Due to some e-mails I’ve received this week I am posting a quick tip on how to populate an ASP.NET MVC dropdownlist control using LINQ to SQL. If you haven’t read the Tip#189 about ASP.NET MVC dropdownlist controls, it is a good time to read it.

How to

Create a new ASP.NET MVC Web Application;

Right-click on the Models folder and select Add > New Item;

From the Add New Item dialog, select LINQ to SQL classes. Name it MyModel.dbml and click Add;

Picture 1 - Create a new LINQ to SQL file

Picture 1 - Create a new LINQ to SQL file

Select the connection you want to use on the Server Explorer Window, expand it and select the tables you want to use;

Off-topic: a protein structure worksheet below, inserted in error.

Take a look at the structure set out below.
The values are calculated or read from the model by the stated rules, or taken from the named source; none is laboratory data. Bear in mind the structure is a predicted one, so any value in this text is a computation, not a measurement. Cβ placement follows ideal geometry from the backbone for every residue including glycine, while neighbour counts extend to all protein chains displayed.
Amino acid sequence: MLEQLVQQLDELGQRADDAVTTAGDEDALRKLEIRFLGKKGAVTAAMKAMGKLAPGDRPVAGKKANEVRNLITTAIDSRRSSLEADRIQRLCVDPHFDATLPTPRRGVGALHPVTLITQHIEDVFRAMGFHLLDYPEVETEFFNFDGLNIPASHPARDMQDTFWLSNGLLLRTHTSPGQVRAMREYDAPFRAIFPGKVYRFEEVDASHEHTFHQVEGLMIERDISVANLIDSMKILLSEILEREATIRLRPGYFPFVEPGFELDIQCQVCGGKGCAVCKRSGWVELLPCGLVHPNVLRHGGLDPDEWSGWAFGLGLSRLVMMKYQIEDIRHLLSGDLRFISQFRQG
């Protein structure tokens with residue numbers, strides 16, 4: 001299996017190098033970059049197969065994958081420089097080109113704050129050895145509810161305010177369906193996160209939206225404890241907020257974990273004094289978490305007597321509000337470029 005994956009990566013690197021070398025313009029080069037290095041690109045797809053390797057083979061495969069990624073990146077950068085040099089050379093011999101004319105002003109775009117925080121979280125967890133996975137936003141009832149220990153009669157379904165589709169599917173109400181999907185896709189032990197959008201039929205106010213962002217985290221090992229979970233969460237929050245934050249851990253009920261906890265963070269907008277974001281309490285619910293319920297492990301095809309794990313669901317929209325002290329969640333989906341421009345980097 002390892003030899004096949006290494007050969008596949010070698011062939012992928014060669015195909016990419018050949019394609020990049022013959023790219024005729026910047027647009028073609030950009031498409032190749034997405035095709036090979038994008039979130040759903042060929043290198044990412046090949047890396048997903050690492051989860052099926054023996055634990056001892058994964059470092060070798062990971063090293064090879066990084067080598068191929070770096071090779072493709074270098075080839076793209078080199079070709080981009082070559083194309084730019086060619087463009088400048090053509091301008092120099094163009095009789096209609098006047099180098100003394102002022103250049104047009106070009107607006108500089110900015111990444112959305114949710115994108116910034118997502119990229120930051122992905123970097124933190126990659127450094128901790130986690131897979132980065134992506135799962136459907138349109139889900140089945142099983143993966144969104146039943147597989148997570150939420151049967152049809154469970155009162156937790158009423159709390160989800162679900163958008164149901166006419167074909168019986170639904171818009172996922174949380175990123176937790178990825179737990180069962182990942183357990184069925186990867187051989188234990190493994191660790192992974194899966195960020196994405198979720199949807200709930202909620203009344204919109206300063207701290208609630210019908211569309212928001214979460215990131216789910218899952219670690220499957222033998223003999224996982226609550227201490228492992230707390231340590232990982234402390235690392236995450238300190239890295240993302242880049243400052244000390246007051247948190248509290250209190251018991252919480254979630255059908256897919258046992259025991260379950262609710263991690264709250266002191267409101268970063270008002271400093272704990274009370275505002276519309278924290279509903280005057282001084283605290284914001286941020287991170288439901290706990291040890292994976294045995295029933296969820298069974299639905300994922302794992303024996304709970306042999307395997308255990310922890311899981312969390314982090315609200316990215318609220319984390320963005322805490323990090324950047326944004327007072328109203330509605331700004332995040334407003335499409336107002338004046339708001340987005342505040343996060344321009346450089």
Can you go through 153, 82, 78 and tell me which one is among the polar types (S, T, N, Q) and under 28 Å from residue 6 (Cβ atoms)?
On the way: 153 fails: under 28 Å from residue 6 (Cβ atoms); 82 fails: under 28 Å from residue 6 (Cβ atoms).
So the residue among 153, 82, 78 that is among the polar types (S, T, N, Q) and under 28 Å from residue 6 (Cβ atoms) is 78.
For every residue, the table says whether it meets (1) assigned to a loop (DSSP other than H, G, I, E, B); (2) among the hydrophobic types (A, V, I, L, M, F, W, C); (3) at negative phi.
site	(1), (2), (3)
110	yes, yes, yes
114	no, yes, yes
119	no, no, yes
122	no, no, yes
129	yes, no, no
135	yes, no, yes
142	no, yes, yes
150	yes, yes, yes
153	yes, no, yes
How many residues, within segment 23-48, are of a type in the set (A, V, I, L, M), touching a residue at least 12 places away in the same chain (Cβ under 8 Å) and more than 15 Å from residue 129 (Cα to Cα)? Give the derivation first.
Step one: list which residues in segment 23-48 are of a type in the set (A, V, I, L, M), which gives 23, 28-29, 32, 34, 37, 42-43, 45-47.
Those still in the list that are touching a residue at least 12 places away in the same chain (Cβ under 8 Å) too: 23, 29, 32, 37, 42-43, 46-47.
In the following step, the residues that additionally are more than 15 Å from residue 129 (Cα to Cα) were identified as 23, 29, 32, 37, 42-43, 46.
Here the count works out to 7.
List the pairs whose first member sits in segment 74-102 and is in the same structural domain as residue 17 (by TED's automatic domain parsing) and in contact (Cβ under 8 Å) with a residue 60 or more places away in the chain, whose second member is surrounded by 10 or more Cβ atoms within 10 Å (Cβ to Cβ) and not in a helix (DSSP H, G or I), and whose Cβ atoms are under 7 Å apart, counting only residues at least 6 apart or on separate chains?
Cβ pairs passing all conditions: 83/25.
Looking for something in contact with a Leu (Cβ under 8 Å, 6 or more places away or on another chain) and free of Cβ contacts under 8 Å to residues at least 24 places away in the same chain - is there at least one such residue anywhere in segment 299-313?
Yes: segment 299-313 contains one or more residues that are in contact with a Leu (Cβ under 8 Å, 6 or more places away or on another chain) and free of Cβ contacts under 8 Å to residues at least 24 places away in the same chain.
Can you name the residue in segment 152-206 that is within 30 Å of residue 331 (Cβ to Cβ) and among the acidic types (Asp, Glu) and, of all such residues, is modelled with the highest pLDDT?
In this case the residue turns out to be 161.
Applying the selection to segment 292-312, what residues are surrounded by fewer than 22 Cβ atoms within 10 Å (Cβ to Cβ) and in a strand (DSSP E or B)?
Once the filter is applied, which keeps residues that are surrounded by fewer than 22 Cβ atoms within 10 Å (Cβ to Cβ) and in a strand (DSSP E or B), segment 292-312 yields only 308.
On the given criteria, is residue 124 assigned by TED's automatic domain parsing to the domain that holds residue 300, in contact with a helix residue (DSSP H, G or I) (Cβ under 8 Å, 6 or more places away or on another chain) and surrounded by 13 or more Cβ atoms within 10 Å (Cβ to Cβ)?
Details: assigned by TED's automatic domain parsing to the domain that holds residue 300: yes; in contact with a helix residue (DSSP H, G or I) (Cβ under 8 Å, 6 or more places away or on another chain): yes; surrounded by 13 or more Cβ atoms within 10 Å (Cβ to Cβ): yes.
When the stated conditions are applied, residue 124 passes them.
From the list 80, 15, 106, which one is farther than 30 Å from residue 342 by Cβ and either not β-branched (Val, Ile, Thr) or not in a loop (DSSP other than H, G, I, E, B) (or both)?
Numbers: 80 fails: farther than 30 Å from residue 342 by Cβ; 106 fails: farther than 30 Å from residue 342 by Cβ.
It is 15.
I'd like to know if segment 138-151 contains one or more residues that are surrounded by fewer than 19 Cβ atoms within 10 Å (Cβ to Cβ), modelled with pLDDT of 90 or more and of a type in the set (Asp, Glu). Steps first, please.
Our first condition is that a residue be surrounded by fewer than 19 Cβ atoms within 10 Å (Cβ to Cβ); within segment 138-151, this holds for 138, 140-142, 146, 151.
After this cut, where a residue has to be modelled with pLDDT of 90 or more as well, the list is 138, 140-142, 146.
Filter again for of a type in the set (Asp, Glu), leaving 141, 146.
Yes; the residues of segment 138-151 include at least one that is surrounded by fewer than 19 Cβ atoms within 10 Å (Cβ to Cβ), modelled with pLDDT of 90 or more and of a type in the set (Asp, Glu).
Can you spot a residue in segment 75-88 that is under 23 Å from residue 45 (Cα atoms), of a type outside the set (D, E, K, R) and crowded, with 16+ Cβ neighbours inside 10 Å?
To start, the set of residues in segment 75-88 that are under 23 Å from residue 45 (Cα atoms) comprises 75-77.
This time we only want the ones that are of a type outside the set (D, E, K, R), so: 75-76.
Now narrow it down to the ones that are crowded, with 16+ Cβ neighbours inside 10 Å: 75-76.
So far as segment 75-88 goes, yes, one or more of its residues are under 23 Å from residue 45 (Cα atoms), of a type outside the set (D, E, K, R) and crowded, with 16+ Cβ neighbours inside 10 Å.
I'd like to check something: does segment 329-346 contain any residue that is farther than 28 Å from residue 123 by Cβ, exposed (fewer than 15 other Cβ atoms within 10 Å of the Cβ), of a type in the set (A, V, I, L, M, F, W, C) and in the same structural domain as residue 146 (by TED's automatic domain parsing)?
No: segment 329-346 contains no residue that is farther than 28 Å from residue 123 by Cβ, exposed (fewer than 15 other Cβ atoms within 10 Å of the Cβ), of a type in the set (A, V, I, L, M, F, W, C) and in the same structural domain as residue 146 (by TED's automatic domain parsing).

Drag and drop them onto the dbml file surface. For this example I am using a database that has two tables: Product and Category;

Picture 2 - Product and categories tables added to the dbml file

Picture 2 - Product and categories tables added to the dbml file

Right-click the Controllers folder and select Add > Controller. Name it ProductController and hit the Add button;

Picture 3 - New controller class

Picture 3 - New controller class

A new controller class is created it. Open it. We are going to add an action method called Selector that will perform a LINQ query to retrieve a list of products. We are going to save it to the ViewData dictionary and request a view to be rendered;

public class ProductController : Controller
{
    MyModelDataContext _ctx = new MyModelDataContext();

    public ActionResult Selector()
    {
        var products = from prod in _ctx.products
                                select prod;

        ViewData[“ProductList”] = products;